Cannes Lions

Iron Fish Project Wins Product Design Grand Prix

Geometry Global Helps Cambodians Overcome Dire Health Issue

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An insightful approach to supplementing Cambodians' iron-deficient diets to improve their health led to a Grand Prix in Product Design for the Lucky Iron Fish Project and Geometry Global in Dubai.

WHAT IT IS: In Cambodia, much of the population lives on a diet of fish and rice and so suffers from iron deficiency, leading to anemia and other serious health conditions. The simple solution is to cook a small piece of iron in the same pot with a meal for 10 minutes, providing 75% of the iron a family needs. The dilemma was that people were happy to use the iron slab as a doorstop but wouldn't toss it into the cooking pot.

The solution: Fashion the small piece of iron into the shape of a fish, a cultural symbol of hope and good fortune. Cambodians quickly embraced the lucky iron fish.

WHY IT WON: After nine months of trials and tests, a 55% drop in iron deficiency was recorded. And the project is sustainable, featuring recycleable materials and adding jobs in the local community to package the iron fish.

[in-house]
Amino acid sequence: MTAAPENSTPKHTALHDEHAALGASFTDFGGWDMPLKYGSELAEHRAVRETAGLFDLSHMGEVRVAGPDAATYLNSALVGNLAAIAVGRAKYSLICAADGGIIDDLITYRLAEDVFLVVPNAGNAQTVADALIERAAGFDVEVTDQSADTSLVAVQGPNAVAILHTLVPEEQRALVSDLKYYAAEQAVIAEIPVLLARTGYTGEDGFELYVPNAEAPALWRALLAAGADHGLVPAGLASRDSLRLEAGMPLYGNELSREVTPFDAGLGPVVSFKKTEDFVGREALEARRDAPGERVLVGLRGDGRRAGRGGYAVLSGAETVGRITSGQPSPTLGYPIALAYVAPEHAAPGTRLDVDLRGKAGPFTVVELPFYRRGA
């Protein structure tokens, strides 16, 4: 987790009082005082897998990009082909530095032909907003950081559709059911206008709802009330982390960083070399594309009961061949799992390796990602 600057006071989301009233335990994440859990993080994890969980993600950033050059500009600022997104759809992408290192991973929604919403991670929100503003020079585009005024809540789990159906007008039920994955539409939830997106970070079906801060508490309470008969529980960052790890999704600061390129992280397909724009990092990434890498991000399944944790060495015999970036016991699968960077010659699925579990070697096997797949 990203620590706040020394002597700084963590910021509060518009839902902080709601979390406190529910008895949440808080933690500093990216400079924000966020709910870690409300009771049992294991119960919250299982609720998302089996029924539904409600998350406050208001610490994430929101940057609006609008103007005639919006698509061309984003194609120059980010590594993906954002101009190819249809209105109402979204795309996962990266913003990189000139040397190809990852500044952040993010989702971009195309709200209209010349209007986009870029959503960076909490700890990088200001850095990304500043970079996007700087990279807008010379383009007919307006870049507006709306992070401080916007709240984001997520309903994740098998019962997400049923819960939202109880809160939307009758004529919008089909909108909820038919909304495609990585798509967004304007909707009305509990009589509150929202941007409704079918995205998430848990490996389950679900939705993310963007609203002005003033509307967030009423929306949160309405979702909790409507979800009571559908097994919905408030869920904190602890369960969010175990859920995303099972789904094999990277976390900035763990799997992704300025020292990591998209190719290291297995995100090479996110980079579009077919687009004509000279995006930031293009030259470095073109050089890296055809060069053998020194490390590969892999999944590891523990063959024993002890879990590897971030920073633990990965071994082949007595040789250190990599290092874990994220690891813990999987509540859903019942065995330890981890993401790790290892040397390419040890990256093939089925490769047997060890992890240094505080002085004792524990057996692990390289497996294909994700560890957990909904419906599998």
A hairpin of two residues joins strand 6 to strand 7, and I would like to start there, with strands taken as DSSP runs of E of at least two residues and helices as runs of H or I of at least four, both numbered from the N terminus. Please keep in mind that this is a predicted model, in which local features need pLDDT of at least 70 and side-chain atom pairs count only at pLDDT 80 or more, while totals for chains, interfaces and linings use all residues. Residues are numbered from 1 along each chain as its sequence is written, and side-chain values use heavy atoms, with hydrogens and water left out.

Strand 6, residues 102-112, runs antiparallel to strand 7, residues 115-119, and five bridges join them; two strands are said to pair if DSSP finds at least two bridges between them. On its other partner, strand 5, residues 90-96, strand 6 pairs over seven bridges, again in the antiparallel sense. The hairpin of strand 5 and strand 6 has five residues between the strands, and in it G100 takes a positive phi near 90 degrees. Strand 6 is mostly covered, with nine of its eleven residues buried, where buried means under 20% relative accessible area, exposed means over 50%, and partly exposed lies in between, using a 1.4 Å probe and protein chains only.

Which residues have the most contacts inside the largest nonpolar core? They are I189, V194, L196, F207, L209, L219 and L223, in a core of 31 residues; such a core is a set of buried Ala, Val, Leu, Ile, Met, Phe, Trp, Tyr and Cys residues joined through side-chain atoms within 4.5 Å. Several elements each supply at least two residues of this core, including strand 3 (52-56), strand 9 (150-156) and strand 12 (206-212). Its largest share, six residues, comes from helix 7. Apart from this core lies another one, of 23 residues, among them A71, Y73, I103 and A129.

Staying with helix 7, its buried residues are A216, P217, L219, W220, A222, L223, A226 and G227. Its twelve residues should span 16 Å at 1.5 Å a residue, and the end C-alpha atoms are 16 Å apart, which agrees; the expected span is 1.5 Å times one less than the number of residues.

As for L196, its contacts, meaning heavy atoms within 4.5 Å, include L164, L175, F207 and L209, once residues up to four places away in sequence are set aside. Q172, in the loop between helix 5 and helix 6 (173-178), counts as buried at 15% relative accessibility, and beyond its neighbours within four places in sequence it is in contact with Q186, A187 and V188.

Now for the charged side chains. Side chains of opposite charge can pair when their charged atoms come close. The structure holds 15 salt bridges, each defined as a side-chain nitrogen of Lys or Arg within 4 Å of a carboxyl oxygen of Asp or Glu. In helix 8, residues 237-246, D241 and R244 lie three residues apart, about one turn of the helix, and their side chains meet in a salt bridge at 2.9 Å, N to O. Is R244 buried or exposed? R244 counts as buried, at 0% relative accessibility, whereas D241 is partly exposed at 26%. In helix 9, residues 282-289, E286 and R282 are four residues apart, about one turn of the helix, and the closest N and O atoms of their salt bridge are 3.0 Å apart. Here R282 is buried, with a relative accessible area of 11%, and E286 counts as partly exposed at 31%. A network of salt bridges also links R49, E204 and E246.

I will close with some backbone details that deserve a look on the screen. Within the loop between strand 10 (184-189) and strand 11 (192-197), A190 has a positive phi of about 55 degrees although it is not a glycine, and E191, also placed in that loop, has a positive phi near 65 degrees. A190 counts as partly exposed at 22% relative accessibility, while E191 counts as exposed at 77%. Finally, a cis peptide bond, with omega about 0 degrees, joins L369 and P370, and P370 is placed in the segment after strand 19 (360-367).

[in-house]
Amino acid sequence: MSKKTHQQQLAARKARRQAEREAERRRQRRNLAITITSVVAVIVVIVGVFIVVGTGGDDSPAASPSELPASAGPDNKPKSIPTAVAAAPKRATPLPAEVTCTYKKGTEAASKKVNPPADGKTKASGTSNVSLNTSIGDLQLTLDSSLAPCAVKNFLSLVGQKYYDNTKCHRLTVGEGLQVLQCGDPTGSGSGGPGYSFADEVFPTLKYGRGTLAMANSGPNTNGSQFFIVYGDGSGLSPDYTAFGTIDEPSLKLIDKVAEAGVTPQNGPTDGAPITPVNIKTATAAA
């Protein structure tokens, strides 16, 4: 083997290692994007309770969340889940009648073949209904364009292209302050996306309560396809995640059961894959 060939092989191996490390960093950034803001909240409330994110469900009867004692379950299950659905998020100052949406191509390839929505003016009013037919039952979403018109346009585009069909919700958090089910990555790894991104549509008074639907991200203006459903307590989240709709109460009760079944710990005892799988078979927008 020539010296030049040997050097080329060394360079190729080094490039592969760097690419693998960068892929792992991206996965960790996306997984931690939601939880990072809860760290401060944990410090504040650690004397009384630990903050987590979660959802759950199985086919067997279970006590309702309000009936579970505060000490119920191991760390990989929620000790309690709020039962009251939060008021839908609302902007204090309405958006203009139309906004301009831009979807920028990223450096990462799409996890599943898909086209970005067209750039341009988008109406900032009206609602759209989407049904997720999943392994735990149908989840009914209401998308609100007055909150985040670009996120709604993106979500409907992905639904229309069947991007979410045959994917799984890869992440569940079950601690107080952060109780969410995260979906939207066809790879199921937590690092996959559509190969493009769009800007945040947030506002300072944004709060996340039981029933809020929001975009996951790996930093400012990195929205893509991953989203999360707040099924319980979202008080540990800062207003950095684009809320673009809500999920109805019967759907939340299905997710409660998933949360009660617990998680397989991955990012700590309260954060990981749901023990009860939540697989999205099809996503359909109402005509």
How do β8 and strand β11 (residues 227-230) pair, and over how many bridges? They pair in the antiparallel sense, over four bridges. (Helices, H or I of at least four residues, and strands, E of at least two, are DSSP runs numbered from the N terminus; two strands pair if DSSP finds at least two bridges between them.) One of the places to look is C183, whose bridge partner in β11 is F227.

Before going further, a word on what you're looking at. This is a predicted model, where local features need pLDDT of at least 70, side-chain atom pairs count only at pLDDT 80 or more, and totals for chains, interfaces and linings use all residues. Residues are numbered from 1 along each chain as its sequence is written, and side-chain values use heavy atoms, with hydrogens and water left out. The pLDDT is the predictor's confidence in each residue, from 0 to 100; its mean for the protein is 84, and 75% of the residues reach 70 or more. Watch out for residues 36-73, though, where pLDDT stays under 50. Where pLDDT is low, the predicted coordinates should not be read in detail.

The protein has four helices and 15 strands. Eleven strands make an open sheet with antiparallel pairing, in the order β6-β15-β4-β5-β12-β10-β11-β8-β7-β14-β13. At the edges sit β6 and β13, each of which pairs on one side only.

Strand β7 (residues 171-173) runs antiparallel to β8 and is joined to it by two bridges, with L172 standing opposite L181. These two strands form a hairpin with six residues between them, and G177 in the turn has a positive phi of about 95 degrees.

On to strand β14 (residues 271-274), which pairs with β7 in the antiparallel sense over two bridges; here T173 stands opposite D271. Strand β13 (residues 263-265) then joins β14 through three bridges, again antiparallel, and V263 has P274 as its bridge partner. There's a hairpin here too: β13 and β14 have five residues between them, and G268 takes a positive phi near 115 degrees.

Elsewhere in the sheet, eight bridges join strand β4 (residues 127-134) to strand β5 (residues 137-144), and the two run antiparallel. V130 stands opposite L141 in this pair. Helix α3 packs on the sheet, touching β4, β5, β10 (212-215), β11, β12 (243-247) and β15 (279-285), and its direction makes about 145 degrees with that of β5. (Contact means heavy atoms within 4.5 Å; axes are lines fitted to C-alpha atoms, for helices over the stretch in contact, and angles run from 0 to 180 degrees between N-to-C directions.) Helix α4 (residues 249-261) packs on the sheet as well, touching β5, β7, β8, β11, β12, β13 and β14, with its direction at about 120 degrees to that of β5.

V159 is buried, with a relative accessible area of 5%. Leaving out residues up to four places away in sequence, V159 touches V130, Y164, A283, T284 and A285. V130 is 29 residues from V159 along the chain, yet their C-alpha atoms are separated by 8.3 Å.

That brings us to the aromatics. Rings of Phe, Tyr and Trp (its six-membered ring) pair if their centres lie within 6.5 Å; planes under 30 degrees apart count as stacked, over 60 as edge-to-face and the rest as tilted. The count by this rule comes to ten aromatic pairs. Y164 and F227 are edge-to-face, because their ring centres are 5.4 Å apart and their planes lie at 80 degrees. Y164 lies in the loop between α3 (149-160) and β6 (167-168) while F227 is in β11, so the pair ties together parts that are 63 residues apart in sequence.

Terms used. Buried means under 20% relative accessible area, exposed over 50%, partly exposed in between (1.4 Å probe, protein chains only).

IN THE JURY ROOM: Product Design tends to be an intrepid jury, trying to overcome the handicap of just looking at products that are meant to be experienced by experimenting with using them.

"Volvo's Life Paint can not only be applied to a bike, it can be applied to your body," said jury president Dan Formosa, a design consultant. "Don't ask me how I know that. We had a beautifully glowing jury." (But no Product Design Lions for "Life Paint," which lights up cyclists at night; the campaign took the Grand Prix in both the Design and Promo & Activation categories).

THE COMPETITION: Entries in this category were as sophisticated as human-like robots, but that didn't sway the jury. "We could not have gotten any more low tech than a fish made of cast iron," Mr. Formosa said.

CONTROVERSY: Mr. Formosa noted that many of the entries were submitted by advertising groups, rather than the product's designer, and that much of the jury's discussion was about questions raised by the submissions that weren't answered. "It would be much better if designers prepared the entries," he said. "We were getting advertised at. We weren't getting the design story."

Separately, Andy Payne, president of the Design jury and global chief creative officer of Interbrand Group, said another issue was that some entries were prepared for a different category, and entered in the design contest without being tailored to that category.

LIONS AWARDED: This is only the second year for the category, so beyond the Grand Prix there are only Product Design Lions, without separate awards for the gold, silver and bronze lions given in the bigger, more mature categories. Seven Product Design Lions were awarded.

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